The phrase ‘national champion banks’ has become increasingly topical since the onset of the Covid-19 crisis. We explain what it means, why these institutions are so important to the economy and what’s changed since 2008.
What are national champion banks?
The national champions are the banks that represent a large and important share of the lending that occurs in the economy. They are highly regulated and typically well-capitalised institutions with prominent brands you might recognise.
How do they influence the economy?
National champion banks are incredibly important in providing the funding that keeps the real economy going. That’s why regulators, central banks and policymakers are so focused on supporting these institutions – they are the lifeline that is needed to support the economy in this moment of crisis.
As an example, banks provide around 80% of the lending to corporates and individuals in Europe. They provide a vital lifeline to companies that need working capital to see them through the current economic shock. If these banks were to stop lending, then the economic fallout would be far more severe.
What’s happening as a result of Covid-19?
The economic shock we are currently experiencing is of a magnitude which has never been seen before. The shock is equally being met with unprecedented policy responses from central banks and governments.
As such, we expect the economic fallout to be contained to some extent, but it seems fair to assume that any sector or company that was teetering on the brink of default before the crisis will almost certainly not survive now. Among banks specifically, we expect the dispersion between the stable, high-quality institutions and the less well-managed names to be exacerbated as a result of what has happened.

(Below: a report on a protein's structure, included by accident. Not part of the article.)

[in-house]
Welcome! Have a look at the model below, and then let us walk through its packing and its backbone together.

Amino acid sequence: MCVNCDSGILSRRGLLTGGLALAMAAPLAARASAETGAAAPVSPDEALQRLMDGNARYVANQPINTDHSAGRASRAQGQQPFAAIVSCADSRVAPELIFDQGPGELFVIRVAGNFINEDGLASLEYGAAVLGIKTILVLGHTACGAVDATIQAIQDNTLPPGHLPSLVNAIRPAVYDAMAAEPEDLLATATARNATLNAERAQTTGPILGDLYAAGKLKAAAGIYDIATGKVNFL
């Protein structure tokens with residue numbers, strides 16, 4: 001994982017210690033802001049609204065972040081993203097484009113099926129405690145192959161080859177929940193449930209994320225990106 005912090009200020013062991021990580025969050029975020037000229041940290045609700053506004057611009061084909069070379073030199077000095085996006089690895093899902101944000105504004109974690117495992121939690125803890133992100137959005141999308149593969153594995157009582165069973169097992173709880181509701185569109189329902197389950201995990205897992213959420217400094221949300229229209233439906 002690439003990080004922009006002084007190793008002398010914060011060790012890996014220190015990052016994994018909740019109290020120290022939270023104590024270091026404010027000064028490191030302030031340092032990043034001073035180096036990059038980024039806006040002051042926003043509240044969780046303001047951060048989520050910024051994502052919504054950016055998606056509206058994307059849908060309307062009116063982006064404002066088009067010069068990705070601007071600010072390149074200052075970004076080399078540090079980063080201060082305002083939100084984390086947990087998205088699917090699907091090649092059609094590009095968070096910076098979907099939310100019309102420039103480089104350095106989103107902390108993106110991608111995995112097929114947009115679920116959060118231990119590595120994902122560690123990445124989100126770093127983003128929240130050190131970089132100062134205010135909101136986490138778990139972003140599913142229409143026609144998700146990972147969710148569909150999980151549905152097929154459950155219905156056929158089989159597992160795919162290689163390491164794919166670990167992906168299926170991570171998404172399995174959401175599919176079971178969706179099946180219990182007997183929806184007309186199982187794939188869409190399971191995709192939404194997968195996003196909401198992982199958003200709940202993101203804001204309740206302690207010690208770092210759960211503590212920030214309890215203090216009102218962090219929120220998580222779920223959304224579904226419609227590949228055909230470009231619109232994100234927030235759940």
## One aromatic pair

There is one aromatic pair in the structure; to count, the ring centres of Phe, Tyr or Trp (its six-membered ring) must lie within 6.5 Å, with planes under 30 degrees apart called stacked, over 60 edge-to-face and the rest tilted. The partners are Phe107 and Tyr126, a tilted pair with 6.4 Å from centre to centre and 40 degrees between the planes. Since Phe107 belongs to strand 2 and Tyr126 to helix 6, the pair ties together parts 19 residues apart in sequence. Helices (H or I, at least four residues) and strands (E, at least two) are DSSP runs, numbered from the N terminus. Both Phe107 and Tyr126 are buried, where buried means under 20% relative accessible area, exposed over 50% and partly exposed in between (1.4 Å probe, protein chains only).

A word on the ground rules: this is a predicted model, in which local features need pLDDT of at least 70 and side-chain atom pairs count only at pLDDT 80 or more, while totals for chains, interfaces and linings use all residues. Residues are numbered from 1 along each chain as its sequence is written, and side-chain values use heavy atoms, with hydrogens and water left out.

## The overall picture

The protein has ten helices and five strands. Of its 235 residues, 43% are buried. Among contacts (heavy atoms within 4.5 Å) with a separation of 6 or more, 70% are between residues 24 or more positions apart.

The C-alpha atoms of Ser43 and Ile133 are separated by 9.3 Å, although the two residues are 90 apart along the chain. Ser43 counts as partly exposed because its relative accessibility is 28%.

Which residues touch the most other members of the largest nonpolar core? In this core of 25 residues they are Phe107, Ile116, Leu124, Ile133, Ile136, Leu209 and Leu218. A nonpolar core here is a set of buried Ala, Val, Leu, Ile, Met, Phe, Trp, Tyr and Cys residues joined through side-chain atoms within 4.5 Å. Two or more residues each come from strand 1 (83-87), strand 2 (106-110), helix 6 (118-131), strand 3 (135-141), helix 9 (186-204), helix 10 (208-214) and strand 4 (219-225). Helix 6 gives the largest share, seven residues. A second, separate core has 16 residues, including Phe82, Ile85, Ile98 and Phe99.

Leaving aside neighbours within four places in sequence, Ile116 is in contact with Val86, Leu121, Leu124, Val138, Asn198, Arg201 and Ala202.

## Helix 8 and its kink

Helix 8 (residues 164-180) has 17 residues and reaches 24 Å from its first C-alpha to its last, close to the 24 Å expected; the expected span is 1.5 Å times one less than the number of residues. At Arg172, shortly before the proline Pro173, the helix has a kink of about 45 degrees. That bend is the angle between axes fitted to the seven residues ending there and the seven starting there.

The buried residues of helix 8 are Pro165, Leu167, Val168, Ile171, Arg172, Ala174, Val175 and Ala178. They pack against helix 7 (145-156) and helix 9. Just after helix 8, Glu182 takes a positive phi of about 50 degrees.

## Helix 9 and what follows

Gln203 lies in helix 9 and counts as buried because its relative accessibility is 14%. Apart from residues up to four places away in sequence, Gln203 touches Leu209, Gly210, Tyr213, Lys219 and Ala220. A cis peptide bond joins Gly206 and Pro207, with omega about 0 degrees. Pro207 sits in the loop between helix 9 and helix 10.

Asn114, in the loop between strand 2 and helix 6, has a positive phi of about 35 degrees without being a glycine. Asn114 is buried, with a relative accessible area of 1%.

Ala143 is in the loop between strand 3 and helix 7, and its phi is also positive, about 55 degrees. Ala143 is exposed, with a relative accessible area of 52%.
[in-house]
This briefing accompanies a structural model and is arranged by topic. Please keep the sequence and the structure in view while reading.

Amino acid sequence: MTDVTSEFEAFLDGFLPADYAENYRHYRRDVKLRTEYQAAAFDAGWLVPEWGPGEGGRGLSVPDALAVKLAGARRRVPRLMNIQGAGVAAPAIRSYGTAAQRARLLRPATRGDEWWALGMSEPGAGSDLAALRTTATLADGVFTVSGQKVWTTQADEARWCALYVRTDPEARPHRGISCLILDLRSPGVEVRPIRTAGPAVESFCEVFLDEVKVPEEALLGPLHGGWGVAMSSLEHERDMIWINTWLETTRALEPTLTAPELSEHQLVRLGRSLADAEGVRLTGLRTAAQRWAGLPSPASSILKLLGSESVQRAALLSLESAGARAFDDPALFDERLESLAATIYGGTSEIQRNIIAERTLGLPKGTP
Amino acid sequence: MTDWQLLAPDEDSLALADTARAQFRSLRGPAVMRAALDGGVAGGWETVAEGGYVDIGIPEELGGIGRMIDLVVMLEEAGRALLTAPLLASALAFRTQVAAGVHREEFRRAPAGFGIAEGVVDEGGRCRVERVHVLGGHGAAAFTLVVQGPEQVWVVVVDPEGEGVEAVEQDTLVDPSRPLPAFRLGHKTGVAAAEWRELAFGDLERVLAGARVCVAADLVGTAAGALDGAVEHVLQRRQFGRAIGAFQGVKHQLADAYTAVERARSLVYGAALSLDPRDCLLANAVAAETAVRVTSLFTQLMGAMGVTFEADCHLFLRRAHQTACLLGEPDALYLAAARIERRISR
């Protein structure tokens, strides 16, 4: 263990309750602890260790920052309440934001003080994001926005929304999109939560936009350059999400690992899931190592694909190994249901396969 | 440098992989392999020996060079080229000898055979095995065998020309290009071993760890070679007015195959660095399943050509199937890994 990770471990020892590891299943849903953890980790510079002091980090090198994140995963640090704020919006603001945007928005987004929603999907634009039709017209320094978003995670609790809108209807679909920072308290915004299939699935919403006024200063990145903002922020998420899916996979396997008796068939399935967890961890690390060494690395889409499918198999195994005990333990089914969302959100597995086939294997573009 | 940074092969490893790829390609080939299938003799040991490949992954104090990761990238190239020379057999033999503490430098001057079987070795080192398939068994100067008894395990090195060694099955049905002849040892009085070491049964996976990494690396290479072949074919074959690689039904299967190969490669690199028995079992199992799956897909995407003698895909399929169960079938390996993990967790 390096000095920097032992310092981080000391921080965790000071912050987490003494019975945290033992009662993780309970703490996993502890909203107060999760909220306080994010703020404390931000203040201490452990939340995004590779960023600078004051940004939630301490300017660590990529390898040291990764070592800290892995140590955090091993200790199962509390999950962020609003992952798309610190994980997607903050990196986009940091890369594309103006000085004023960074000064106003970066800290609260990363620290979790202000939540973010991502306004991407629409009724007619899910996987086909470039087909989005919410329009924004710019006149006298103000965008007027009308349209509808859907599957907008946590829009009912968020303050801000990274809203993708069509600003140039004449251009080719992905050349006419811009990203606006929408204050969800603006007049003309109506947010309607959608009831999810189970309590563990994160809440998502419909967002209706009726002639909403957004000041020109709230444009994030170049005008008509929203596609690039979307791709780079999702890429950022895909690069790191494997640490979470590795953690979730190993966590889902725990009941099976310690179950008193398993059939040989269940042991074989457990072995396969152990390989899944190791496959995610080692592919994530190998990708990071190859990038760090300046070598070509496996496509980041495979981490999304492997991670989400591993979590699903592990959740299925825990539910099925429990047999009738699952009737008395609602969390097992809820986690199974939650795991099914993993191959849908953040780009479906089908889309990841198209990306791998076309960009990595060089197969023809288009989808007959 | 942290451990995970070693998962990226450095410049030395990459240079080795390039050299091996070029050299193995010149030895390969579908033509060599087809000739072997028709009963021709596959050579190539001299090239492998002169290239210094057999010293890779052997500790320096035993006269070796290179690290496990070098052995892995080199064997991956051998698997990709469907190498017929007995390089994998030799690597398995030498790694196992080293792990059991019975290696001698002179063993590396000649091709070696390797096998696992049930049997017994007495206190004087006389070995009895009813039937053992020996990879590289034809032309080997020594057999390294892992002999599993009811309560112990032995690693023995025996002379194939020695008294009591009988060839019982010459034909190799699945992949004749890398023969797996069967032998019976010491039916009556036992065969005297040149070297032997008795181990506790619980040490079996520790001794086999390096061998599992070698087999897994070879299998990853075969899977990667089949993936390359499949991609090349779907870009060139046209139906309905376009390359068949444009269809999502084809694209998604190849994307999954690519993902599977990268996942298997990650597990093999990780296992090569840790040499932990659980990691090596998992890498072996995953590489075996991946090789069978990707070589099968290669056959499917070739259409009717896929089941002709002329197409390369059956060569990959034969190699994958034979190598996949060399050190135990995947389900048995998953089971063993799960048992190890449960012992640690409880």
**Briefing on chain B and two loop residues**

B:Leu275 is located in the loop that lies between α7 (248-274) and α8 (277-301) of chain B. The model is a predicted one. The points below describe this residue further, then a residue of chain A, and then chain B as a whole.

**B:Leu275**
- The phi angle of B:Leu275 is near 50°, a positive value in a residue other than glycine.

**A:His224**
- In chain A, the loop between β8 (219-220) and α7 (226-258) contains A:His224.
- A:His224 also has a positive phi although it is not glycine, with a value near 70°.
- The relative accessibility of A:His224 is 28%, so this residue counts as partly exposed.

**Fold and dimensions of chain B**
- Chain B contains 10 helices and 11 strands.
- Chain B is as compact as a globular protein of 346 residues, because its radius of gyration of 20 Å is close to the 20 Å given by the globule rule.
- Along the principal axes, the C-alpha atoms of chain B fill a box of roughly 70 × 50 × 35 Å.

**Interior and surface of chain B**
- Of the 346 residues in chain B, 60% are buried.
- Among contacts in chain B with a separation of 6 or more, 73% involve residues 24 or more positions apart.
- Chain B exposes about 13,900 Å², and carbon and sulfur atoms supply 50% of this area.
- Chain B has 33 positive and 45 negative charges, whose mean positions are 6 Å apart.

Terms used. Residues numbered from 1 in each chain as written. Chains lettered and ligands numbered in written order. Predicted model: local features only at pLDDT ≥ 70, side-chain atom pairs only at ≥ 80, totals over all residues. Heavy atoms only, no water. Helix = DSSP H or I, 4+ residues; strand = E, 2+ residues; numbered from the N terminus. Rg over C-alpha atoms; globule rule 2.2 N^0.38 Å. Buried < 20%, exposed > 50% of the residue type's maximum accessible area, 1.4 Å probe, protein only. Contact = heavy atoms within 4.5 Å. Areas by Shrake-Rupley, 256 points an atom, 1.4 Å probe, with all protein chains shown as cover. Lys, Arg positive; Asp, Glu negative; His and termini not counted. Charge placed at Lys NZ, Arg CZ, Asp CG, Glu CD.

When investing, we prefer to stick to the institutions that we believe will survive the crisis and are most likely to benefit from government and policy support. These are the large national champion banks in each respective country. This approach reduces our exposure to credit and liquidity risk.
Are banks heroes or villains?
During the 2008 global financial crisis, banks were the villains. They were poorly managed and poorly regulated. This manifested into over-levered and very risky institutions, and ultimately ended in disaster.
Since then, regulators have spent the best part of a decade driving banks to have better liquidity, hold more capital and engage in less risky activities through greater capital charges being levied by regulators on ‘risky’ activities.
All these changes have meant that banks were in robust shape coming into the Covid-19 crisis. Whereas large parts of the economy have utilised the last few years of low interest rates and abundant liquidity to make acquisitions and increase borrowing levels, banks have been doing the opposite – they have been reducing their debts and increasing their capital buffers.
This time around, banks are not the problem, they are part of the solution and are being used as a conduit for government policy to help boost the economy. Banks are now being asked to make use of government guarantees and lend to corporates that desperately need liquidity.